Iceberg-Slapstick, visual humor has rarely been this much fun. The minimalistic plot at least feels original and surprising. It's amazing how much humor can be found without much dialogue.This is definitely a bizarre comic gem along the lines of Hukkle and funnier than any film currently playing in movie theaters. The 8 minute short before it is just as strange, inventive and funny--especially with toothless midgets who have feeding holes in their heads.
John and Jane Toll-Free-When was the last time you've seen a documentary about people working at an Indian call center? Some of the workers work during odd hours of the night and must deal with rude people on the other end of the phone. Each one is graded on their performance/level of skill at selling a variety of products. There's plenty of interesting commentary about how they view the American way of life with hopes of one day becoming wealthy in America. Overall, it's a simple yet important and powerful documentary.
Quinceañera-A well-written,entertaining film that recalls the realism found in Raising Victor Vargas . Emily Rios gives an excellent performance in her acting debut as 14 year-old Magdalena. Writer/directors Richard Glatzer and Wash Westmoreland manage to create some very touching scenes that stay with you long after the film is over. Released by Sony Pictures Classics. Opens August 4th, 2006. Full Review
13 Tzameti-A refreshingly stylish and bizarre black-and-white film with genres ranging from suspenseful mystery to noir crime drama. Wildly off-beat and twisted, but writer/director Géla Babluani shows a lot of talent behind the camera. Overall, the film feels slightly like a low-budget version of Fight Club .Released by Palm Pictures. Opens July 28th, 2006 at the Film Forum. Full Review
Look Both Ways-A simple, sweet and imaginative romantic comedy! What it lacks in plot, it makes up for in its visual style, lively characters and a charming performance by Justine Clarke. Released by Kino International. Opens April 14th, 2006 at the Angelika Film Center and Lincoln Plaza Cinemas. Full Review
Man Push Cart- Just as simple and dull as its title suggests--although it's mildly interesting to get a glimpse of those who work behind pushcarts in New York City. Writer/director Ramin Bahrani shoots a few awkward shots of ground without a single shot of the sky. A subplot involving a cute, adopted cat is more interesting than the main plot itself which goes nowhere until the main character's cart gets stolen later in the film. Released by Films Philos. Opens September 8th, 2006 at the Angelika Film Center. Full Review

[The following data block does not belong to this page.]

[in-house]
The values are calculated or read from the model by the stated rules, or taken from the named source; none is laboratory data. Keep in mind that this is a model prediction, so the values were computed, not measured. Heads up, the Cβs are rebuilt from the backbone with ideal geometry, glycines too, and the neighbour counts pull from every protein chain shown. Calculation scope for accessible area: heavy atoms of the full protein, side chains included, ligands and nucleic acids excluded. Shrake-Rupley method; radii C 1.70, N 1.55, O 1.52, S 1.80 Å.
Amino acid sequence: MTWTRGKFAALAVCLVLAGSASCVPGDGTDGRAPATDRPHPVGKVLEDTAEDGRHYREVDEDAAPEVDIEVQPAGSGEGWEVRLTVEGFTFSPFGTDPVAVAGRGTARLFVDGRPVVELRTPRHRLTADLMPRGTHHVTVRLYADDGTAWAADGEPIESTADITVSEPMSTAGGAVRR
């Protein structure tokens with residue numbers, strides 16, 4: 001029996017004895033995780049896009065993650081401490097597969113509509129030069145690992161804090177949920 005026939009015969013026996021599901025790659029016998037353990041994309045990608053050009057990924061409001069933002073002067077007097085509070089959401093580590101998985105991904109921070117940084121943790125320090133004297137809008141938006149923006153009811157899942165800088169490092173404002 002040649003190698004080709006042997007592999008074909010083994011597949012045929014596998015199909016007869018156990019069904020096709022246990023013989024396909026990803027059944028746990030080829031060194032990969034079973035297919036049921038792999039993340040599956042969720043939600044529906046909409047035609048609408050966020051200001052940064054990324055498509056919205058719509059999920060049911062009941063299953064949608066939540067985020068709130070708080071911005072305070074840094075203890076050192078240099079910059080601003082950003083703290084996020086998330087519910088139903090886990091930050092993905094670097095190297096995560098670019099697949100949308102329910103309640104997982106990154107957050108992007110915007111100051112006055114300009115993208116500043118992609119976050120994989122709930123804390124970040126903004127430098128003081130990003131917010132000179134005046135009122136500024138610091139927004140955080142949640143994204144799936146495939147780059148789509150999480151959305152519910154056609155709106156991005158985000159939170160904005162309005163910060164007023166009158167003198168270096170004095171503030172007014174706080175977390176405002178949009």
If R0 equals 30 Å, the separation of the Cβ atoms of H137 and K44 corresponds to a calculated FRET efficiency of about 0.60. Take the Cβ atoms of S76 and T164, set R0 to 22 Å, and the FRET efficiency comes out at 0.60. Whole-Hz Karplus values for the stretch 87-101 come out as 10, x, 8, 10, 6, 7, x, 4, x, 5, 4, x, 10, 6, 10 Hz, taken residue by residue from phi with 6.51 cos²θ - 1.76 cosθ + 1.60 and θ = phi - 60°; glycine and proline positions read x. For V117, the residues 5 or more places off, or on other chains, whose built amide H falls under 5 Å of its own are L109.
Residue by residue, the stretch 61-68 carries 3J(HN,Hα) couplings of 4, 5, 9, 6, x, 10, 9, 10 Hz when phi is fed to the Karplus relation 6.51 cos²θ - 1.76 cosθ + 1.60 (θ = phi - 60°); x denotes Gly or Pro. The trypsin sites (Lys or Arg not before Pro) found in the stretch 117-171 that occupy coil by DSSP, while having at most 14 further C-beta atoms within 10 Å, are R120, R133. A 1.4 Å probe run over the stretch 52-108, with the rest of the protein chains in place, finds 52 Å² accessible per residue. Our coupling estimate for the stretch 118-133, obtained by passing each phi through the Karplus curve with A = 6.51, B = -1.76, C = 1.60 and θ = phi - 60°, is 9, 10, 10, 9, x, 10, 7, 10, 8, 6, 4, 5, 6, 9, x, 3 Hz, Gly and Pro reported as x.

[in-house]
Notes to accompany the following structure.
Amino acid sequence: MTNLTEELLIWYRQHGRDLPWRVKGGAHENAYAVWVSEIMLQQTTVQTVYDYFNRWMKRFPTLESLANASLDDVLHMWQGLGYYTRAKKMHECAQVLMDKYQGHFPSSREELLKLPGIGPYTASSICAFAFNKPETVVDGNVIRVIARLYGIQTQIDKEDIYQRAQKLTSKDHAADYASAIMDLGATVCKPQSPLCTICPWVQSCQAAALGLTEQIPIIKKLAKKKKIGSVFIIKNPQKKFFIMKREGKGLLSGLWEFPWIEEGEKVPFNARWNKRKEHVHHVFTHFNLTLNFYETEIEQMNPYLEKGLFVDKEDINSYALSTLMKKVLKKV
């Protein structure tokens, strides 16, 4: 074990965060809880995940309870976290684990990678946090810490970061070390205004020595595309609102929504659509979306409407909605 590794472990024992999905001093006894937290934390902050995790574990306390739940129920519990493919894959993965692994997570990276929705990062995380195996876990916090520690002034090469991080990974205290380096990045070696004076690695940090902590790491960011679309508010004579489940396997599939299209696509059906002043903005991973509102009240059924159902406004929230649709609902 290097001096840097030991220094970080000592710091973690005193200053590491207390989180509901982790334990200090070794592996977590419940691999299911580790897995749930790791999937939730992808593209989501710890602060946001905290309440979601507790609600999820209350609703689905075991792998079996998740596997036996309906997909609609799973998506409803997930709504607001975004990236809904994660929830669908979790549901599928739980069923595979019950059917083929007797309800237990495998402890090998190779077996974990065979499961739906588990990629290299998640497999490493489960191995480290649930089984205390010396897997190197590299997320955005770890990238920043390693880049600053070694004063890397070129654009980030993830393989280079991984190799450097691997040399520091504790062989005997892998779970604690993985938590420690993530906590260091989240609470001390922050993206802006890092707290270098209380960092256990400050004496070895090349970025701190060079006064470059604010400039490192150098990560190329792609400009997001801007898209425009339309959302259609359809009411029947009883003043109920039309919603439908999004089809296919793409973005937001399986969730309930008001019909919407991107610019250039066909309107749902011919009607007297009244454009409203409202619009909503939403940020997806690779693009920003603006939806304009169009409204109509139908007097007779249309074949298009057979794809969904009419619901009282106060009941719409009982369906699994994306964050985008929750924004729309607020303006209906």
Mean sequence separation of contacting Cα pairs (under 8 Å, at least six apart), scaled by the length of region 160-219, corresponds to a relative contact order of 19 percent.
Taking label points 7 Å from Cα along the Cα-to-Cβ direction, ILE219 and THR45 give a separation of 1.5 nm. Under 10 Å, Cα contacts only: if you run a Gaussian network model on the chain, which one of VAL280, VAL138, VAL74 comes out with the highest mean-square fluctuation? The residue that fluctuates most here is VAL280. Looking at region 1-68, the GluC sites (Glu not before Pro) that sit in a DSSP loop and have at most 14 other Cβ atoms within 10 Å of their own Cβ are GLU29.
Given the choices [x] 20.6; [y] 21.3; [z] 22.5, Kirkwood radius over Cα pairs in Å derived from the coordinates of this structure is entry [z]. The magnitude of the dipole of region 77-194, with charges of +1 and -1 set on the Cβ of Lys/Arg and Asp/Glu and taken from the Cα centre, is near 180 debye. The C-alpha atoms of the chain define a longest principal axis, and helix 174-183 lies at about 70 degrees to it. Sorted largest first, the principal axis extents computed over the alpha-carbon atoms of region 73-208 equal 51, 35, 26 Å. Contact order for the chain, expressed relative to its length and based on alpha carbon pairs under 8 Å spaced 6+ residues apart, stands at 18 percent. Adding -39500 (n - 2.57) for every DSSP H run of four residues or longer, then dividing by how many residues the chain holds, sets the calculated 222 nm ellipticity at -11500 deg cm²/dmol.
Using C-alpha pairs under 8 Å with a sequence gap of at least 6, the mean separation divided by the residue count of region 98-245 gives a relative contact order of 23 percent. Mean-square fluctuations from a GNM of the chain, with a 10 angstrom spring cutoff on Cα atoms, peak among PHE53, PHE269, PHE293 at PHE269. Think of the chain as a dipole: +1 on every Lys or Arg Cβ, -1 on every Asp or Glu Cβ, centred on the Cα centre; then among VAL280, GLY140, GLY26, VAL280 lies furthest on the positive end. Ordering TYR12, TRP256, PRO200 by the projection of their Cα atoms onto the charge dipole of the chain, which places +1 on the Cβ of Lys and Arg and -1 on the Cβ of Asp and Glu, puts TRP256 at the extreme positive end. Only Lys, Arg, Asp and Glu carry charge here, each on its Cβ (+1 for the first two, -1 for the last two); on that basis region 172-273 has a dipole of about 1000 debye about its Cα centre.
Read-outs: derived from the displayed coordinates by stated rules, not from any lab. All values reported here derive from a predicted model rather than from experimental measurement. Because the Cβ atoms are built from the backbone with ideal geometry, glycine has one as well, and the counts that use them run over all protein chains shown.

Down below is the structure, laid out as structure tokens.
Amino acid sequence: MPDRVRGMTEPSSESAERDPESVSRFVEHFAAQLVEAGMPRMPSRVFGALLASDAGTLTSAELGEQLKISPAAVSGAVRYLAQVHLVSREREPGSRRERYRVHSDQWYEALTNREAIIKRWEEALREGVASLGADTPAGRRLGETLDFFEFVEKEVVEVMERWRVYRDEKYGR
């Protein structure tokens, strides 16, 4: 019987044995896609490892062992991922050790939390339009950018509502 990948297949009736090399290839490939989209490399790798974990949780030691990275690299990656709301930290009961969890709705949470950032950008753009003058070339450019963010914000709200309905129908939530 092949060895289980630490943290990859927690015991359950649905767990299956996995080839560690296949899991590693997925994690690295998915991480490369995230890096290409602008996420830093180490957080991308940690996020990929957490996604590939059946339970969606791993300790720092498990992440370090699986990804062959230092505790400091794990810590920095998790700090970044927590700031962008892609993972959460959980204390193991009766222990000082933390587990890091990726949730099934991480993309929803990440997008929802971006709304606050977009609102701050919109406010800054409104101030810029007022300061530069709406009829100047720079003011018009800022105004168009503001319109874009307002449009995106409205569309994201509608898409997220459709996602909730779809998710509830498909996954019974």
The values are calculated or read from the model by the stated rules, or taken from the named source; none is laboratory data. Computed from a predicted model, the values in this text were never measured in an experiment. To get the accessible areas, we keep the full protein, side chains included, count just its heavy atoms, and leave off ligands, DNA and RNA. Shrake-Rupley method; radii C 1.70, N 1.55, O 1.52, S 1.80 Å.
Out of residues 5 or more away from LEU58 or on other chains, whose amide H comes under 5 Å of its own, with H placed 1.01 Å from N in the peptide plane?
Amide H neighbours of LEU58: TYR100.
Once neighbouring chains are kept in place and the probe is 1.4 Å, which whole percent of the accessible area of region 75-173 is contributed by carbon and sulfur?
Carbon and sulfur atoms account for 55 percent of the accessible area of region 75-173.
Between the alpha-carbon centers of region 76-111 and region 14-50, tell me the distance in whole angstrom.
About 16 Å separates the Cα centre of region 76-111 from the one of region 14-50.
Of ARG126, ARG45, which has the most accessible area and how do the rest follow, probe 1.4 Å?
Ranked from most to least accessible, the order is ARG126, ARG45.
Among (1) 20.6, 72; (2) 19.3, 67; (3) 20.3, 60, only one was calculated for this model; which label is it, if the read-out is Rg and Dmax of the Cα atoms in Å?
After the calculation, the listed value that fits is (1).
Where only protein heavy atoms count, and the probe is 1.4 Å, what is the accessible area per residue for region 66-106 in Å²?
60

Eleven Men Out- It attempts to be funny, but mostly fails. This could have easily been as funny as In & Out , but instead the "outing" occurs within the first five minutes in the rest of the film has too much boring drama--some of which gets pretty disturbing. Overall, it's lively, but not as engaging or memorable as it could have been.
Twelve & Holding- Not as haunting and subtle as director Michael Cuesta's last film, L.I.E. , was, but it still manages to hold your attention with its different subplots of pre-teen angst. It does get a bit over-the-top in the third act, though. Released by IFC Films. Opens May 19th at the IFC Center. Full Review
Iron Island- Thoroughly fascinating with superb cinematography, but very slim on plot and character development. It often feels like a documentary, but it's not quite as powerful as it could have been. Released by Kino International. Opens March 31st, 2006 at the Cinema Village. Full Review
...And the Ugly
Old Joy- This movie makes Gerry look like an action film by comparison. Unimaginative, boring, dull, slow-paced and pointless are the words that come to mind after watching this two-character road-trip film. It begins like a horror-film as Mark and Kurt set out on the highway and get lost in the middle of nowhere. When will the madman/cannibal come out from the to attack them? Unfortunately, never. Even the cinematography has nothing going for it and the script seems very improvised and lazy. The exception is a brief stop at a diner where the script has its one funny line as if to wake you up from your deep sleep--while you're dreaming of Sideways, of course. Released by Kino International. Opens September 20th, 2006 at the Film Forum.
The Things That Hang From Trees- It often plays like a bad made-for-TV movie with a contrived, confusing and boring plot and mediocre acting at best. There's not enough tension and you never care about any of its characters.
New Directors/New Films 2006